18-20th September 2019
Conference venue : Université de Toulon, France
Recent events in Australia remind us that Australia is still caught in discourses on “nation”, “belonging” and “identity” in an environment that fails to produce new alternatives in the “postcolonial”, “multicultural” country. By proposing Alter/Native Spaces the 2019 EASA conference intends to go beyond the postcolonial to examine how the prefix “alter” is thus linked both to the notion of an alternative and to the notion of multiplicity, and how Indigenous and non-Indigenous knowledges may interact and form new spaces to reframe the relationship between the settler nation and the Indigenous peoples by instating a presence in place of an absence. The conference also seeks to examine the ways in which the interaction of Indigenous and non-indigenous geographies may construct alter/native spaces, imaginaries or models of inhabitance that can provide new modes of rethinking difference and belonging. Among the new spaces, global spaces of Indigeneity can be scrutinized as a new vision from afar—an alter/native movement of identities.
The conference will examine identity fragmentation, intersectional identities, floating movements in the creation of identities, between coercion and resistance/ reaffirmation, as well as shifting concepts and definitions, between the imposed and the chosen. The blurriness of representation from the perceived to the represented can also be studied with an exploration of the interpretation, the use and aim of images. Virtual identities can be investigated as well. The 2019 EASA “Alter/Native Spaces” conference will thus focus on the flexibility of boundaries, on “in-betweenness”.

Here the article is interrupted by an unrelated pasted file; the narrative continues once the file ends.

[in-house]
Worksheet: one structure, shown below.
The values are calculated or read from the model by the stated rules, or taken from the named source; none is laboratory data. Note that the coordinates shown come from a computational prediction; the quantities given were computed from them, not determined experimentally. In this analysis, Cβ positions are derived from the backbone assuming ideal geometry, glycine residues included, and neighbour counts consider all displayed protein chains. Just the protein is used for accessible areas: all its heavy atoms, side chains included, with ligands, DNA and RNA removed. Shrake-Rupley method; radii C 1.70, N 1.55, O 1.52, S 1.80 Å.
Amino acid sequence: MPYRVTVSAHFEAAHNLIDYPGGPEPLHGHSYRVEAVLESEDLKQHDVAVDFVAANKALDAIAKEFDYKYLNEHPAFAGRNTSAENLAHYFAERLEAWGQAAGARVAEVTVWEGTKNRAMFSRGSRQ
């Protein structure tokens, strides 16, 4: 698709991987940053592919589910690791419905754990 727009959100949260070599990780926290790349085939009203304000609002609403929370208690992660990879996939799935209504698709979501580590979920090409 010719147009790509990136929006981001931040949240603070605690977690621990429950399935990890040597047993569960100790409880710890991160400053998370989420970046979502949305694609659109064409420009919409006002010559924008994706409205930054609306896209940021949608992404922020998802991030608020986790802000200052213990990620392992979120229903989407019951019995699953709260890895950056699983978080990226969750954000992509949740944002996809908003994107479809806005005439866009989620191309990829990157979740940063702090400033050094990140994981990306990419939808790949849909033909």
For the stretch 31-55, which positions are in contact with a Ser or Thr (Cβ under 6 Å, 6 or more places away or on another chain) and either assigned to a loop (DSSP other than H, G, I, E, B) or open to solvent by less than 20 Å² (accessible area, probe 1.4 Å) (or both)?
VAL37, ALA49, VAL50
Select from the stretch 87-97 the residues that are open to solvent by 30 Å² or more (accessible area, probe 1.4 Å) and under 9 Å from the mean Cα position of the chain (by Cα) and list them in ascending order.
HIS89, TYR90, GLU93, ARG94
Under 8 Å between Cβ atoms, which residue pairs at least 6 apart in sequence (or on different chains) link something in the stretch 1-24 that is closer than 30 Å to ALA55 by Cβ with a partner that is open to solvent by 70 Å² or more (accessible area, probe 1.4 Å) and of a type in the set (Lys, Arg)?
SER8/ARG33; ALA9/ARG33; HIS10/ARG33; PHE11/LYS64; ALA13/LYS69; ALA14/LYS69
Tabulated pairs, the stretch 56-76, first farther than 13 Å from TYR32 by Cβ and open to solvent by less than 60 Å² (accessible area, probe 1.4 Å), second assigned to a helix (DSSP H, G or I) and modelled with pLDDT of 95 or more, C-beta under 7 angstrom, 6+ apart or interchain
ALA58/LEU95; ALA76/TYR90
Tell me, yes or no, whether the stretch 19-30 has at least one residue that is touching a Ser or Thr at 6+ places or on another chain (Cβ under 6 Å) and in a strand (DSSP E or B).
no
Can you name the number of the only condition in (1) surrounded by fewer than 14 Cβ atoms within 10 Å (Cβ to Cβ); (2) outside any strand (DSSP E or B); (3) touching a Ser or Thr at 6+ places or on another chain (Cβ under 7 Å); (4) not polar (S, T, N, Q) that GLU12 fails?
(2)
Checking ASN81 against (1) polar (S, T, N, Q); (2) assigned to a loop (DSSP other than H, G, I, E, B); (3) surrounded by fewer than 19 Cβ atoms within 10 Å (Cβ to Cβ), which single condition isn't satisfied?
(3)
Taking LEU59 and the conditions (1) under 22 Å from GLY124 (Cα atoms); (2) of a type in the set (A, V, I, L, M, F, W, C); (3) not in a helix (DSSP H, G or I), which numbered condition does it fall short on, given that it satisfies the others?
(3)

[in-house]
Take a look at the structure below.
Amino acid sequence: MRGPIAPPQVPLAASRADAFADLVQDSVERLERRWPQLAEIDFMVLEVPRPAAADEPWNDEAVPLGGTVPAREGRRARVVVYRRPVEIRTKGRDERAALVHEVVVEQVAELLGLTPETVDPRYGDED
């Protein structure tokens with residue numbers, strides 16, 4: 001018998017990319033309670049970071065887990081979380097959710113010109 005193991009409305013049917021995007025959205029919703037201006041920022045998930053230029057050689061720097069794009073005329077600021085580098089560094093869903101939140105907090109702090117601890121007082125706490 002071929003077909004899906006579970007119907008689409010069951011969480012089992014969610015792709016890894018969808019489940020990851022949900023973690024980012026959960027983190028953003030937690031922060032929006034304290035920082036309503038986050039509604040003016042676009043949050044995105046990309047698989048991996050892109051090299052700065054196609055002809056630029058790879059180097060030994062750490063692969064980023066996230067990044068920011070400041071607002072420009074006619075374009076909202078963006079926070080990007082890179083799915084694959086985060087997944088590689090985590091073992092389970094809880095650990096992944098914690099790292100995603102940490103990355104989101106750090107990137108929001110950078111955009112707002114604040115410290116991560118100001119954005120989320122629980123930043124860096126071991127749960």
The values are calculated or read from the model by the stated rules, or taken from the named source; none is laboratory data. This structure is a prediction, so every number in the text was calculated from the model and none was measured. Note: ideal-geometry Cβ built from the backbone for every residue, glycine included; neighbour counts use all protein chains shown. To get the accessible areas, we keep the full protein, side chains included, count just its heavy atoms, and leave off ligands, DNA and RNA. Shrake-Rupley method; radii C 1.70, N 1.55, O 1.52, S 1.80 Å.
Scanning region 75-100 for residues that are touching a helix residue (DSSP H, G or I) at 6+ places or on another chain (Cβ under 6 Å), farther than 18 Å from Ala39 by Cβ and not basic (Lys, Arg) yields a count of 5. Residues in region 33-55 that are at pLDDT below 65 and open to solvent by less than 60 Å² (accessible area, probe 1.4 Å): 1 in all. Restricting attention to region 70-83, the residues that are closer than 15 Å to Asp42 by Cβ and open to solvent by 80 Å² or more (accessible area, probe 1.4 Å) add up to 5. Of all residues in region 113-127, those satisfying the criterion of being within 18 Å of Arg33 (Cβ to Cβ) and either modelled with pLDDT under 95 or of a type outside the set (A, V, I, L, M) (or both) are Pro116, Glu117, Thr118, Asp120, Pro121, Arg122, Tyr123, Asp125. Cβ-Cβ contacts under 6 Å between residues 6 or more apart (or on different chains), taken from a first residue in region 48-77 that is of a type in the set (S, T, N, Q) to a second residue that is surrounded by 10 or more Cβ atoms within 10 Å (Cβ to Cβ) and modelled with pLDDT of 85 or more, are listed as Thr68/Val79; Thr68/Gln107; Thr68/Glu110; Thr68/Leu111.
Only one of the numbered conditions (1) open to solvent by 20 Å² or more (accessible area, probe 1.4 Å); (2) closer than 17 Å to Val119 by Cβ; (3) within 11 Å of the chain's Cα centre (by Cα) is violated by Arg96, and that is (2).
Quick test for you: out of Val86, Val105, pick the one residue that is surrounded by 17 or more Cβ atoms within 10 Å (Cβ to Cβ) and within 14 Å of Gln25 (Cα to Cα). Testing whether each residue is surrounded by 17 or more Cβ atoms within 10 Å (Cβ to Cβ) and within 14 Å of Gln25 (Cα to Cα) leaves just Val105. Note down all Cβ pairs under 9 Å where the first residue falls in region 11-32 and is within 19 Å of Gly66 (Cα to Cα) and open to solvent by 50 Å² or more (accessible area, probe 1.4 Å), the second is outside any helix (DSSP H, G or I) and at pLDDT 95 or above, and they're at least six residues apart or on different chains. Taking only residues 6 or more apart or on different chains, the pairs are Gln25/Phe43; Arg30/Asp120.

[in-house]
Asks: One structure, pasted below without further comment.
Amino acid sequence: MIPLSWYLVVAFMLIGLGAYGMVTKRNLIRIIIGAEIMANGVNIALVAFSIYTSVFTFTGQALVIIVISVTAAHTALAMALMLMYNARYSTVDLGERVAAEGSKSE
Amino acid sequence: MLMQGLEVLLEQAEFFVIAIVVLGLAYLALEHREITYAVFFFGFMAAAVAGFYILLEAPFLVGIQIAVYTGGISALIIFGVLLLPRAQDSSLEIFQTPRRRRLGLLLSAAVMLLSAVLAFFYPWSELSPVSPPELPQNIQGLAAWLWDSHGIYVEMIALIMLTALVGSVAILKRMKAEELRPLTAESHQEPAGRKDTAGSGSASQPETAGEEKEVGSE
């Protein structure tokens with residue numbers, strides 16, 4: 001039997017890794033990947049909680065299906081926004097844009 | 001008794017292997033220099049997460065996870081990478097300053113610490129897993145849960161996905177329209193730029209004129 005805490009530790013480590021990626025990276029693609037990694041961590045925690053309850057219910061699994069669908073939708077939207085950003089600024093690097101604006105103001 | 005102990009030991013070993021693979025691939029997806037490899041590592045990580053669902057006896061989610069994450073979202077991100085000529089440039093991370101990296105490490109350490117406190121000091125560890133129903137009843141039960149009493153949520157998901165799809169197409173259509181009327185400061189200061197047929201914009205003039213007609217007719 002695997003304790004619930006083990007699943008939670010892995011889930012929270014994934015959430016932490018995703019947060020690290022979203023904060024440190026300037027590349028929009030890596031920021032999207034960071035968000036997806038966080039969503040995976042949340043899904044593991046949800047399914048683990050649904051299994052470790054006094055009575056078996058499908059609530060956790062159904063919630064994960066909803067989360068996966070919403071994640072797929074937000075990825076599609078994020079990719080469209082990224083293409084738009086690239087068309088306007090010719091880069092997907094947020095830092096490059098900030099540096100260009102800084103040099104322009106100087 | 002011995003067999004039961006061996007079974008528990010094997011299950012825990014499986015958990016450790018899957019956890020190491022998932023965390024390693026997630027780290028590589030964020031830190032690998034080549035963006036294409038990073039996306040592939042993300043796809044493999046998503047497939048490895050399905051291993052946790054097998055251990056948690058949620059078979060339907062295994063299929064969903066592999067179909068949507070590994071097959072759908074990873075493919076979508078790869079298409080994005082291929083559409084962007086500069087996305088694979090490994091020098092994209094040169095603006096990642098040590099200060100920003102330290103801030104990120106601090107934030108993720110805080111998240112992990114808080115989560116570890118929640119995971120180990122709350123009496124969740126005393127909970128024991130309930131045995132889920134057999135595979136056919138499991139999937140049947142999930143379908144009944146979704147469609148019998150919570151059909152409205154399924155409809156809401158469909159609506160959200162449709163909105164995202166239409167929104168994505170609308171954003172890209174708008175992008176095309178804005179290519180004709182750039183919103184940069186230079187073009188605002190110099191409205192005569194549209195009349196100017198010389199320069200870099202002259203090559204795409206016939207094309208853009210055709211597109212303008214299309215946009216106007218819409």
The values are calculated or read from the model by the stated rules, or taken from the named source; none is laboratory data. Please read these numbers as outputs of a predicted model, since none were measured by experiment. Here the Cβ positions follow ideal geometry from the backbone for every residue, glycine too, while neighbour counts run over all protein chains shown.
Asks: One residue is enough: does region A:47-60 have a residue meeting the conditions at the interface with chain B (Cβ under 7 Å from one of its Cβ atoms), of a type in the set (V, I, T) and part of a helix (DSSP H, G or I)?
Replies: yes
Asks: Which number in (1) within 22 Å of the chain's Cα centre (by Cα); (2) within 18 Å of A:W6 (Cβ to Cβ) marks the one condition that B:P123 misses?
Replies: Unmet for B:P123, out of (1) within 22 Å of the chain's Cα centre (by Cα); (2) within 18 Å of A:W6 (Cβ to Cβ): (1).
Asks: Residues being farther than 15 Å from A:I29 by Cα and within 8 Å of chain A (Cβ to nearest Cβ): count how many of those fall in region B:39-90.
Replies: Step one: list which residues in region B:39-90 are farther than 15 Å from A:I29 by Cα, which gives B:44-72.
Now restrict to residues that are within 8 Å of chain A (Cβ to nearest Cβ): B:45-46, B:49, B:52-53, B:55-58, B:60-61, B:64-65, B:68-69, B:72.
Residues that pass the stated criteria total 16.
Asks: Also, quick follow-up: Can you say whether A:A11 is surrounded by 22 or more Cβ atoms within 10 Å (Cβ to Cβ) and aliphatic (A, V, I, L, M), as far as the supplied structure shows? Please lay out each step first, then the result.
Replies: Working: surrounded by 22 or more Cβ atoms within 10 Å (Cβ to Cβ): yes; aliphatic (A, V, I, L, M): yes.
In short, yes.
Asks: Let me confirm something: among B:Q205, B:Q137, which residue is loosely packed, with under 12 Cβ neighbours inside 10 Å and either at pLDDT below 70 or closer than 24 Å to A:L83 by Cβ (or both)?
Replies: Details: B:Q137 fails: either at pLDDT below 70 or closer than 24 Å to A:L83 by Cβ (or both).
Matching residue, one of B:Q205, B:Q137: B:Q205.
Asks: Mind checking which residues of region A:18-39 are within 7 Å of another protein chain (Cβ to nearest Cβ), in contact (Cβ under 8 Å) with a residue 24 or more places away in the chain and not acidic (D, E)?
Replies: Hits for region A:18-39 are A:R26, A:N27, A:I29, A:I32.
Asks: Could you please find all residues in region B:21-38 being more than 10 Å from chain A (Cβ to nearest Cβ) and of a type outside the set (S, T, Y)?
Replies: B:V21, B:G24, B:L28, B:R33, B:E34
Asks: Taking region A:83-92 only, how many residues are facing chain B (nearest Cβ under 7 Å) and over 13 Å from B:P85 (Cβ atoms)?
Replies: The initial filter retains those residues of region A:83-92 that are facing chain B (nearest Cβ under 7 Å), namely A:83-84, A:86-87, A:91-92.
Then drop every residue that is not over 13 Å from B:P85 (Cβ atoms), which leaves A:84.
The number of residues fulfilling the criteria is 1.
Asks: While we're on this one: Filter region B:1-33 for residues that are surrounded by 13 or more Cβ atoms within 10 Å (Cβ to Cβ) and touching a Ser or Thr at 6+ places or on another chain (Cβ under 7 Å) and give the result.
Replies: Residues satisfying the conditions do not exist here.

This conference aims to explore the following questions:
Reinventing the past/ Re-visions of histories
Hybrid and/or radicant aesthetics
Cultural reconfigurations and nationalist discourses
Environmental sustainability and the anthropocene
Geographies of alter-globalization
Regionalism and localism
Colonial exploration/postcolonial exploitation
Recognition and Reconciliation
Heritage and ideals
Post-conflict and reconciliation
Please send your 250-word abstracts for 20 minute papers and 100-word bio notes to Salhia Ben-Messahel and Vanessa Castejon: email@example.com and firstname.lastname@example.org by April 30th, 2019. We do encourage panel proposals.
All accepted participants will be expected to become members of the EASA as a precondition to presenting their papers. Details of EASA membership are available on the association’s website at this address: http://www.easa-australianstudies.net/easa/office.
A call for full-academic-length papers derived from conference presentations will be issued after the conference for publication in the Association’s online journal JEASA (http://www.easa- australianstudies.net/ejournal/call).
The European Association for Studies of Australia, founded in 1989, seeks to promote the teaching of and research in Australian Studies at European tertiary institutions, as well as to increase an awareness of Australian culture throughout Europe. EASA promotes the study and discussion of a wide variety of aspects of Australian culture: Indigenous studies, literature, film, the media, popular culture, history, political discourses, the arts. EASA's area of interest also includes New Zealand Studies. http://www.easa-australianstudies.net/